On May 31, 1948, about 1:00 a. m., Fountain telephoned defendant and told him to come over. Defendant asked, ‘Is everything ready?’ Fountain replied, ‘Yes, come right over.’ Almost immediately Fountain telephoned defendant again and told him that instead of going into the parking lot, he should come in the front gate with his lights out; that he, Fountain, was alone. Two deputy sheriffs were stationed at the plant at the time. One of them heard and testified to these telephone conversations. Fountain then moved an automobile to make a place for defendant to park his car backed against a loading dock, unlocked and opened the gate and turned out the lights in the yard. Shortly thereafter defendant arrived at te plant with a pickup truck. Upon reaching the gate he turned off the lights on the truck, drove into the yard and backed his truck against the loading dock. Fountain met him. The two went into the locker, took out three hindquarters and five loins of beef and put them on defendant's truck. Defendant then closed the door of the truck. Fountain did not receive any money from defendant that night, saying he would see him the next day. All movements of defendant and Fountain were witnessed by the deputy sheriffs and testified to. As defendant was about to get into the truck to leave, he and Fountain were arrested. The value of the meat was about $400.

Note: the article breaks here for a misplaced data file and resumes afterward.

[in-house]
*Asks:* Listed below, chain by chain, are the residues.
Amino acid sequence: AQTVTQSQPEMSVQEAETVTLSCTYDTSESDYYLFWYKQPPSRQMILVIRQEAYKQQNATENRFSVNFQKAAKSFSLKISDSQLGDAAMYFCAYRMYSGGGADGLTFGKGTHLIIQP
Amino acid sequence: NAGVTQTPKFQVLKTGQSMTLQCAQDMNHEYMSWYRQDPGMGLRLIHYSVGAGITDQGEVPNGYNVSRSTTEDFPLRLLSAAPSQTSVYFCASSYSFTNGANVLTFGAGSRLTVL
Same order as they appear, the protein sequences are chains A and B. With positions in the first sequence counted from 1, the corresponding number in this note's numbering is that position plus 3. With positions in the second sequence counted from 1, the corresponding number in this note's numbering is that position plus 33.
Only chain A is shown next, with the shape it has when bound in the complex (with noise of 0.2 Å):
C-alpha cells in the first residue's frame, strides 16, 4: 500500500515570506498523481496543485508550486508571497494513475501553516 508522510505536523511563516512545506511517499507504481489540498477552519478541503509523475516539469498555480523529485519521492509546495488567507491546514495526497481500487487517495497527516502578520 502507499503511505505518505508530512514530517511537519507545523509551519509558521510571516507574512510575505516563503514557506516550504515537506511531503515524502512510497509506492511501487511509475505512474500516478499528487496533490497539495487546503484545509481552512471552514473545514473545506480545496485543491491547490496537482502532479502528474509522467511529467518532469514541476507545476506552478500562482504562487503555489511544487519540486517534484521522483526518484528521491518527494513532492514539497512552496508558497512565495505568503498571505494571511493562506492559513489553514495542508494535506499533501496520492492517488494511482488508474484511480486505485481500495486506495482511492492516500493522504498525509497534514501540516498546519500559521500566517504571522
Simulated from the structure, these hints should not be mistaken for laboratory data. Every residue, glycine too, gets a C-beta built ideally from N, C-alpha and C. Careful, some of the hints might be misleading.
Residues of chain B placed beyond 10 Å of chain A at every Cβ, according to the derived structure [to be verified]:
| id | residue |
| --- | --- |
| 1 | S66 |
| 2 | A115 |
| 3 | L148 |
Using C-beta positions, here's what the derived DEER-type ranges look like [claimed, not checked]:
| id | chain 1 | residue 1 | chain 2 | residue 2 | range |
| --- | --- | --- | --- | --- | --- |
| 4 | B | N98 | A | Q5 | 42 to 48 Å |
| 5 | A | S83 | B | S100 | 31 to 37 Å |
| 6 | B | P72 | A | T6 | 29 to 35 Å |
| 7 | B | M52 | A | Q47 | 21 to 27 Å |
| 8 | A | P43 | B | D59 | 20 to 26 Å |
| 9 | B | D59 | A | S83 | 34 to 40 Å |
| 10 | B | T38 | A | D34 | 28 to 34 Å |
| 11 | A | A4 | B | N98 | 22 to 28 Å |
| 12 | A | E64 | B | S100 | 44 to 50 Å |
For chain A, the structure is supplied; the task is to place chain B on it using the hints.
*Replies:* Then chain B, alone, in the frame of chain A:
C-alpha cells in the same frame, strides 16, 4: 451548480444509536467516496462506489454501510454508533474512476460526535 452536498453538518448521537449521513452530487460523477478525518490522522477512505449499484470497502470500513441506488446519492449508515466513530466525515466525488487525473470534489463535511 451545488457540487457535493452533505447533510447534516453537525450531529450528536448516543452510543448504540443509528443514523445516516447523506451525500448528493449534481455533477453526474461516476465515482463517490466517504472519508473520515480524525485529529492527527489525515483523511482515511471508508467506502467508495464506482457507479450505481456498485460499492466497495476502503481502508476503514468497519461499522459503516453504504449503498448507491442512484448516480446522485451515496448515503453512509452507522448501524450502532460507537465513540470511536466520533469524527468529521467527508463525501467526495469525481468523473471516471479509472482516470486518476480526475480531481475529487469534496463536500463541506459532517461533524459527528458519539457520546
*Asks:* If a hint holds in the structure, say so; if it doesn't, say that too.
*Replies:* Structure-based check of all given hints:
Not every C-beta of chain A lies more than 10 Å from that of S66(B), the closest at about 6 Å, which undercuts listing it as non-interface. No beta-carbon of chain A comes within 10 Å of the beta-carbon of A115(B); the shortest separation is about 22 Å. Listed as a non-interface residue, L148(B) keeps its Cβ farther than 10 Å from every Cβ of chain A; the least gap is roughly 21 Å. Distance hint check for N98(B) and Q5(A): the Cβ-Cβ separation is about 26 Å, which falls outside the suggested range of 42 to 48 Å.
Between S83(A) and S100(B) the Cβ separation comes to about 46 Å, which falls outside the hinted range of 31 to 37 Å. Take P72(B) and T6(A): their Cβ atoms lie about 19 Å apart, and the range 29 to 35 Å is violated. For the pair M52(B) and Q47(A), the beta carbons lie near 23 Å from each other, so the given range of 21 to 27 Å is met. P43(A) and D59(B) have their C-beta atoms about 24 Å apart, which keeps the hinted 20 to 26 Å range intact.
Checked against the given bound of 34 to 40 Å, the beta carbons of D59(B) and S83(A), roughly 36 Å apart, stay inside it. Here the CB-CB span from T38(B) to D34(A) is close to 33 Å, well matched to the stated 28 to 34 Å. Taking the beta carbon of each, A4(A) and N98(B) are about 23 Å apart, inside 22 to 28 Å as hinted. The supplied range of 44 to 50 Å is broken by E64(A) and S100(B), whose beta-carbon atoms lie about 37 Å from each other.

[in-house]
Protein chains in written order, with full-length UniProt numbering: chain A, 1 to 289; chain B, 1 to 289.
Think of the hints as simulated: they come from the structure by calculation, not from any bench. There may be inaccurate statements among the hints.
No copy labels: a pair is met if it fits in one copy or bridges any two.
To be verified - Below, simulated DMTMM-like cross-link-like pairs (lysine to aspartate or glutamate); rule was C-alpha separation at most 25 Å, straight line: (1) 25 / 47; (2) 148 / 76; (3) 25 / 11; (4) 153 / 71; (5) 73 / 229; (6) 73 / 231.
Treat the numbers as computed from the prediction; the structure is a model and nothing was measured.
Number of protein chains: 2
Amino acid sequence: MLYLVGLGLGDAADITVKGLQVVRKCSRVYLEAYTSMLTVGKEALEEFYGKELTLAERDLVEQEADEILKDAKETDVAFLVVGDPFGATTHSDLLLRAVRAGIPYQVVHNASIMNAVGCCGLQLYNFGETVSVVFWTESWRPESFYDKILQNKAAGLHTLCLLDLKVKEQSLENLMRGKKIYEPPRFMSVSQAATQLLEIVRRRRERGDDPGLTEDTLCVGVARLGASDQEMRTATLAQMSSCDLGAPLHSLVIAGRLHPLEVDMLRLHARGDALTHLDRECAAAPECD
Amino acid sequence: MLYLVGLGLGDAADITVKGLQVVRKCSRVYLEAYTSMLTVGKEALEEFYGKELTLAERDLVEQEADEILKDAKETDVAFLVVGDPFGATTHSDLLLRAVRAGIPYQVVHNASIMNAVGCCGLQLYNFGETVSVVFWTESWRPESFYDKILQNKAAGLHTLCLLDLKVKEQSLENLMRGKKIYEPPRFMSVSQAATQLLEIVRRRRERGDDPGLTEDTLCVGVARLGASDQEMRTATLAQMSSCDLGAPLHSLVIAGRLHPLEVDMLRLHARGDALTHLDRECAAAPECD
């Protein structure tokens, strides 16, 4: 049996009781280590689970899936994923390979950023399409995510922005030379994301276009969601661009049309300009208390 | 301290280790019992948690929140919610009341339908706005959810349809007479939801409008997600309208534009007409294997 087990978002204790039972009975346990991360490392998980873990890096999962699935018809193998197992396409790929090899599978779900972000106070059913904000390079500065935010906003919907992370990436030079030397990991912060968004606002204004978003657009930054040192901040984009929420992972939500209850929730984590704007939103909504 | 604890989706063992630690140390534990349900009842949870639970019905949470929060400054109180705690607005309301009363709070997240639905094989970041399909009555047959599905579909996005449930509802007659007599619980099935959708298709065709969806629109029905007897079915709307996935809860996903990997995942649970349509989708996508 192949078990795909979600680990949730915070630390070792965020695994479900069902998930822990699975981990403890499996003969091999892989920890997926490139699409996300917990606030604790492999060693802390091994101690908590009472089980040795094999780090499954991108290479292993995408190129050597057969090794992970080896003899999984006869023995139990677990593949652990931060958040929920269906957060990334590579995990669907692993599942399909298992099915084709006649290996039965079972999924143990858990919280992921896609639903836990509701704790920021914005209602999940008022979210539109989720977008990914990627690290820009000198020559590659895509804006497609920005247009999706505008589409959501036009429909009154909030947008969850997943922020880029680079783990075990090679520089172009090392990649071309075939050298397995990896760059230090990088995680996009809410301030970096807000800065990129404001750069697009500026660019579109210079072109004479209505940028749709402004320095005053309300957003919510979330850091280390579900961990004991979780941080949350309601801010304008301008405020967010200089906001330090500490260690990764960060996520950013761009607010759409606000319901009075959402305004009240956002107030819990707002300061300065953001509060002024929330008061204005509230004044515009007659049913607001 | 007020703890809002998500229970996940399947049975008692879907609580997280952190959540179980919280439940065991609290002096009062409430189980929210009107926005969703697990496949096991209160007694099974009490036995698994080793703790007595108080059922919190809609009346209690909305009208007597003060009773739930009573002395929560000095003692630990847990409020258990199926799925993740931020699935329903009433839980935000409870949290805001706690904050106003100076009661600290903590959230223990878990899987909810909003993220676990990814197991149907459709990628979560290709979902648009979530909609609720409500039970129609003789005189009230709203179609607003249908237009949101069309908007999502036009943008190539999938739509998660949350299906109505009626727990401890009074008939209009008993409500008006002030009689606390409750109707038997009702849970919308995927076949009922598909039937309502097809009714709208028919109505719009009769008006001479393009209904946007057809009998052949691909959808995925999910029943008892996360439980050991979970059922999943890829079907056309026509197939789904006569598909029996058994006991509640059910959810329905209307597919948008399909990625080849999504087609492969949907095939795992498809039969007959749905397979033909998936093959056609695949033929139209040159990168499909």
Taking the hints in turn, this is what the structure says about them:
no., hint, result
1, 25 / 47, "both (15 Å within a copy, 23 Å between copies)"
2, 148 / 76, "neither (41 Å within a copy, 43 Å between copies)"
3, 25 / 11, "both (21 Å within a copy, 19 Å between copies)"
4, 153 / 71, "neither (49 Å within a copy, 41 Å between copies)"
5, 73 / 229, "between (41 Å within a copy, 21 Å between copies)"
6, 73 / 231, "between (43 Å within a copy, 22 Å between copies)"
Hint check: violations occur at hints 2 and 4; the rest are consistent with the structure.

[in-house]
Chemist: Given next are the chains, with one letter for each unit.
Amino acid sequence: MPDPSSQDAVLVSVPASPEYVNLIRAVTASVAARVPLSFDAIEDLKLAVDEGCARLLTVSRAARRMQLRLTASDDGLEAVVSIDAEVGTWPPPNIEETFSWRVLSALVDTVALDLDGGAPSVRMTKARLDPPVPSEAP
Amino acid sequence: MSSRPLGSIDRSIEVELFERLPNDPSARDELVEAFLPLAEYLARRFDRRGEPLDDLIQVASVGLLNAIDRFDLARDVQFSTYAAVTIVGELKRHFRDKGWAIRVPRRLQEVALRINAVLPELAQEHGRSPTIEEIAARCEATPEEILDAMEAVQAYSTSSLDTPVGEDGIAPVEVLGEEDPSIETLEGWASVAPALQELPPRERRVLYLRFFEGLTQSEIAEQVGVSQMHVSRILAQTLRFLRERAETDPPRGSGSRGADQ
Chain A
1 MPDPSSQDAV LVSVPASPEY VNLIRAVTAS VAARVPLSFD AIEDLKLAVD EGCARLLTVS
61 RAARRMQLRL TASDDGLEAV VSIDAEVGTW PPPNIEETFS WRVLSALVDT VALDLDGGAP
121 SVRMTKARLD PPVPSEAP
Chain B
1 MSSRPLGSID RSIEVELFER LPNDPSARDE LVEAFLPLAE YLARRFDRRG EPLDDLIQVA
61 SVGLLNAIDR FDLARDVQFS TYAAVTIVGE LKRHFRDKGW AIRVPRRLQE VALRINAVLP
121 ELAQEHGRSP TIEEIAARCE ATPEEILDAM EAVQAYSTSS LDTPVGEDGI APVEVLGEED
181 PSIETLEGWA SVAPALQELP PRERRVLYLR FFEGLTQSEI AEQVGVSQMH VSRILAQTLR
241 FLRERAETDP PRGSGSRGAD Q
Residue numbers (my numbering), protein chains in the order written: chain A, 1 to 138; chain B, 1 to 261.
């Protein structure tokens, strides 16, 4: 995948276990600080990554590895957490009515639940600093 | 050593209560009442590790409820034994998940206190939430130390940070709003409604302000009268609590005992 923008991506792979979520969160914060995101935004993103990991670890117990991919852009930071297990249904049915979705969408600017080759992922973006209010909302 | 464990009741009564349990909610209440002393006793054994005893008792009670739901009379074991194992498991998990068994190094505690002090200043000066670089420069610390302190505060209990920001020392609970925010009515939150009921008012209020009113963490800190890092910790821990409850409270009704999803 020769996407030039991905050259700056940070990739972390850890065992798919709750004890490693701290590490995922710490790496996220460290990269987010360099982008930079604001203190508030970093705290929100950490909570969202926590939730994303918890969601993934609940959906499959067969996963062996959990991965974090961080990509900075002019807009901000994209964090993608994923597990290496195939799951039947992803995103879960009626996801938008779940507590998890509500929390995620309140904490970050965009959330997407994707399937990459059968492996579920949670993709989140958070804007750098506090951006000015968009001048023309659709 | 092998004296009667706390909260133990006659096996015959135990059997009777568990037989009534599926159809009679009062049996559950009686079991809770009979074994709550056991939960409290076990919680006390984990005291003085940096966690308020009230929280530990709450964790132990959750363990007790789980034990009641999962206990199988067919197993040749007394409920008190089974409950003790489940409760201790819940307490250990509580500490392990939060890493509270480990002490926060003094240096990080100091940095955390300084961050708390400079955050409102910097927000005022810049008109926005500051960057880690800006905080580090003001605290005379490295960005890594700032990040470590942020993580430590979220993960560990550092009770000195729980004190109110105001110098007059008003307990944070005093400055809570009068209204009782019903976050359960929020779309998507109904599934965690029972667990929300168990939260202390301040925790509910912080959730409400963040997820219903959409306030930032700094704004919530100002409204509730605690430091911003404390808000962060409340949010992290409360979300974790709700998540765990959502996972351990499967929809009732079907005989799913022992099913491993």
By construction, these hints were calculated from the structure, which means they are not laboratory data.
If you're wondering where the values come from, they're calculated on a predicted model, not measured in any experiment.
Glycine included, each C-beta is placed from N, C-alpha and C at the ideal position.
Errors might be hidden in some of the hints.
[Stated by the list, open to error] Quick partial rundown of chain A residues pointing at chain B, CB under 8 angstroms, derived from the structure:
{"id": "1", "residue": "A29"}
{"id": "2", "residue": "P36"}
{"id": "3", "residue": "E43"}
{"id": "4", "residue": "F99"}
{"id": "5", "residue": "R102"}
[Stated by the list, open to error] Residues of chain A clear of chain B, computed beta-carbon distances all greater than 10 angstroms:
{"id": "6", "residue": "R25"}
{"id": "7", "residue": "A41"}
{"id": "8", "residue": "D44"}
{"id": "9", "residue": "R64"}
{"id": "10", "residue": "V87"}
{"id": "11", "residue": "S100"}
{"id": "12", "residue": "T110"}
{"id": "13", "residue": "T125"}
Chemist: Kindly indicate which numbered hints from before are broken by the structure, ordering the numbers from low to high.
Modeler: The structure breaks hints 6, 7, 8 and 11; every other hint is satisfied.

While defendant was being searched, he said to the deputy, ‘You don't have to worry about me. This is my first time.’ Later that night defendant told the officers that he had met Fountain at the market on Friday and had there ‘made arrangements for tonight,’ that he was angry at Fountain for getting him into a mess and that ‘If he had known that he couldn't get away with it, he wouldn't have done it at all.’ On June 2, 1948, defendant went to Mueller's office, told Mueller that he did not want him to testify against him and that he wanted to pay for the meat. Defendant told Mueller that he intended to buy the meat. Mueller said, ‘Clarence, you know you couldn't buy meat from the janitor at one o'clock at night.’ Defendant replied, ‘Yes, I did, but how are you going to prove it, that it was not meat?’ During the trial defendant told Mueller, ‘I want you to believe me that this is the first time I ever hauled meat out of there at night.’
Defendant in his testimony admitted meeting Fountain on May 28, being at the plant on that day, the telephone calls, going to the plant about 1:00 a. m., taking the meat out of the cooler, and loading it on his truck. His defense was that he was buying the meat from Fountain; that he was about to pay for it when arrested with $455 which he had on his person at the time.